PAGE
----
I got up in the middle of the night to come to Eastleigh on the first flight, before heading down the M3 in a Ukip liveried London taxi and it really got me thinking.
There's been a lot of rubbish written since the weekend, especially by Boris Johnson and other Tories claiming that a vote for Ukip is a vote for the Lib Dems. First of all, it's a sad indictment of our political system when people are being urged not to vote for the party that may best represent their views but to vote tactically. Democracies should be representative, and having a major party trumpet this as words of warning goes to show how detached they are from what should be the true mechanisms of politics. It also shows that they haven't done their homework and are seriously behind the curve. Only one third of the Ukip vote comes from disaffected Tories, drawing the rest of our support from the Lib Dems and Labour and people who haven't voted for years. We are an equally valid and viable party. I am sure that the Conservatives know that, giving them all the more reason to try to dissuade support.
The reason the Tory candidate is struggling is not because of Ukip. It's because Tory voters in Eastleigh are increasingly aware that the party is no longer what they purport to be. To all intents and purposes, David Cameron is a social democrat.
There have been several opinion polls published over the last few days, with estimates of Ukip's strength hovering at around 21% of the vote in Eastleigh, putting us firmly in the mix. But actually it's worth pointing out that the figures may be even better than that. Both Populus and Lord Ashcroft don't prompt Ukip during their research, meaning all the voter gets to pick from is Liberal Democrat, Labour, Conservative or 'other'. Only if the responder selects other are they then able to pick us out, from an identity parade of 11 different candidates. Worse still is the fact that undecided votes are then reallocated to the parties on the basis of the 2010 general election result. It's fair to say that Ukip has grown a lot since then. It is utter nonsense that the polling companies are behaving like the three political parties, desperate to maintain the status quo. Westminster is a closed shop and nobody else is to be allowed in.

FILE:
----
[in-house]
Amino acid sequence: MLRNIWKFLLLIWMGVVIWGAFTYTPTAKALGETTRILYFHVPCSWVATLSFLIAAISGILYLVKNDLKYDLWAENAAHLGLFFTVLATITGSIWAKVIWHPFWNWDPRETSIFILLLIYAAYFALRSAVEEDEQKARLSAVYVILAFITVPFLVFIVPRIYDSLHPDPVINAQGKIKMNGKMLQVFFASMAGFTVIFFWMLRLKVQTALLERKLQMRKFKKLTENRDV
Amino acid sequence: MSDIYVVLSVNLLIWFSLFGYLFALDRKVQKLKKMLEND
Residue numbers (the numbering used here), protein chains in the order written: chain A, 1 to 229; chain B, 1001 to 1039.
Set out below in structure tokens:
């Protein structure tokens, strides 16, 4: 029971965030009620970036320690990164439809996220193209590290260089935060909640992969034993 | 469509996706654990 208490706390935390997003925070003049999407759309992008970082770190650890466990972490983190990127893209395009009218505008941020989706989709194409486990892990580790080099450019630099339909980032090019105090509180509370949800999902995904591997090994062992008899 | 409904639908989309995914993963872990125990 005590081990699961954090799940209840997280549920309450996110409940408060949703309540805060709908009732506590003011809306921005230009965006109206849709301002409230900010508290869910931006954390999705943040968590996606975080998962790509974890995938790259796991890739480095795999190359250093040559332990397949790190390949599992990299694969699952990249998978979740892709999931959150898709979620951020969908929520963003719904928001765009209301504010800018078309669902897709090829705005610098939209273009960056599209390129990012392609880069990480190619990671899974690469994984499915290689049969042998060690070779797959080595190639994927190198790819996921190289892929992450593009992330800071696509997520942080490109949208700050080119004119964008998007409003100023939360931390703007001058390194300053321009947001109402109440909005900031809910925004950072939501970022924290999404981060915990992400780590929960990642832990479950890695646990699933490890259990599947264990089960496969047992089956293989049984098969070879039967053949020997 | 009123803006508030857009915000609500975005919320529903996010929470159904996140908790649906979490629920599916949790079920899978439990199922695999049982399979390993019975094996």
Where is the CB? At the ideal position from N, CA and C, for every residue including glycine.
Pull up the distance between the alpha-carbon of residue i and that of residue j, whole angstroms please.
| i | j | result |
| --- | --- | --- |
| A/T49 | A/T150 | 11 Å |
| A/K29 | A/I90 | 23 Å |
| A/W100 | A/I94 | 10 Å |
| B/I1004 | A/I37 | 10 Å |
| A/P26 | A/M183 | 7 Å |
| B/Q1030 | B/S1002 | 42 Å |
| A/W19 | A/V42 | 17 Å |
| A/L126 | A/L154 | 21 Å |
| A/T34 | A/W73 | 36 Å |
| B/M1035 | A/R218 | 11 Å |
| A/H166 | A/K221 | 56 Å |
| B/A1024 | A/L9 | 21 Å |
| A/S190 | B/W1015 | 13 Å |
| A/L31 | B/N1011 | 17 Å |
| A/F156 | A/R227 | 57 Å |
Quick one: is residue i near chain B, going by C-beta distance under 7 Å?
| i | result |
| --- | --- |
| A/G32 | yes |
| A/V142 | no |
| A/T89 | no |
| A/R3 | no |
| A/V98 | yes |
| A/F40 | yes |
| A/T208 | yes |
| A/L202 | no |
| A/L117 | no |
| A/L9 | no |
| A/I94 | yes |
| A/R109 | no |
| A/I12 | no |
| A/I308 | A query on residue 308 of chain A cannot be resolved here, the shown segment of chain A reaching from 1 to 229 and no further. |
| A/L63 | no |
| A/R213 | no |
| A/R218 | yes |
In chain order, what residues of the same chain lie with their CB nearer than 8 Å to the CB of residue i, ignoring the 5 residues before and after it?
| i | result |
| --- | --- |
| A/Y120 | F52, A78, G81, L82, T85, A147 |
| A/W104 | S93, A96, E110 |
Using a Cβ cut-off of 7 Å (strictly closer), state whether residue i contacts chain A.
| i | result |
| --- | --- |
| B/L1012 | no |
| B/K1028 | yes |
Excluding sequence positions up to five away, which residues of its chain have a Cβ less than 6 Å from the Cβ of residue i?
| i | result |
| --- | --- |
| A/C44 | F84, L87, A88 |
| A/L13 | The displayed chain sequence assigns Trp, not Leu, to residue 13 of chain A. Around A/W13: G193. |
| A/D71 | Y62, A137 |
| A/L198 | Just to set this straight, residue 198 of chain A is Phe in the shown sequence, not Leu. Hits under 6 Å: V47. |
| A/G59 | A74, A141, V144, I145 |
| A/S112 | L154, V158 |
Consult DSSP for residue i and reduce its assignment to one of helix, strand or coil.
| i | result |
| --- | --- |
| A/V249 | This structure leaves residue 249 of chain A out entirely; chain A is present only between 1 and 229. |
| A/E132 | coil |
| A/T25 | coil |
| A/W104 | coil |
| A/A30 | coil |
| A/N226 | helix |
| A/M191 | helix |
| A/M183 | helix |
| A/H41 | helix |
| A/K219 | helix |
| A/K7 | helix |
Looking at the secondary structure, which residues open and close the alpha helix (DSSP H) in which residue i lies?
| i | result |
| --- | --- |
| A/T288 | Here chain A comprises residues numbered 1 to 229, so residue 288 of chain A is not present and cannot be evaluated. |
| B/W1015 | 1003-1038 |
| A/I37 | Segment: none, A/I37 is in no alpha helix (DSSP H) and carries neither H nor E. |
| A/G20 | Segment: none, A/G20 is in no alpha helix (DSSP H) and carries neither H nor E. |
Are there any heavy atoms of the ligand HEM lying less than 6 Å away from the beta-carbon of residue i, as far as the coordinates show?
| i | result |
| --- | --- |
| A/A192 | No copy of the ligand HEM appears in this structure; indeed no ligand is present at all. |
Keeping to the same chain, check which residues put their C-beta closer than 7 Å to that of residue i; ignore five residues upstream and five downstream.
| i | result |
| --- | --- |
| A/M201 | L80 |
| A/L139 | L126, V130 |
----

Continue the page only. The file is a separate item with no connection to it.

I wrote yesterday how the lack of change and dynamism in government means the main parties have become utterly unaccountable to their voters. They pass the baton back and forth and spend more time trying to discredit the opposition than seeking to represent the issues the electorate are desperate to see discussed. It's vital that a voice like Ukip, which represents the majority view on a number of issues, from immigration to Europe, is allowed to contribute to the debate in Parliament.
If we work on the assumption that a prompt for Ukip makes a difference of 3%, for example, at the start of the campaign Ashcroft had us on 13% without a prompt, while Survation had us on 16 with a prompt, and then strip out the undecided voters reallocated back to 2010 results, then it's clear that the Ukip share would in reality be in the high twenties in terms of percentage of the vote. And what a significant difference that makes.
What they don't want to tell you is this. The horse on the rails has virtually caught the leaders. A vote for Ukip is a vote for Ukip.
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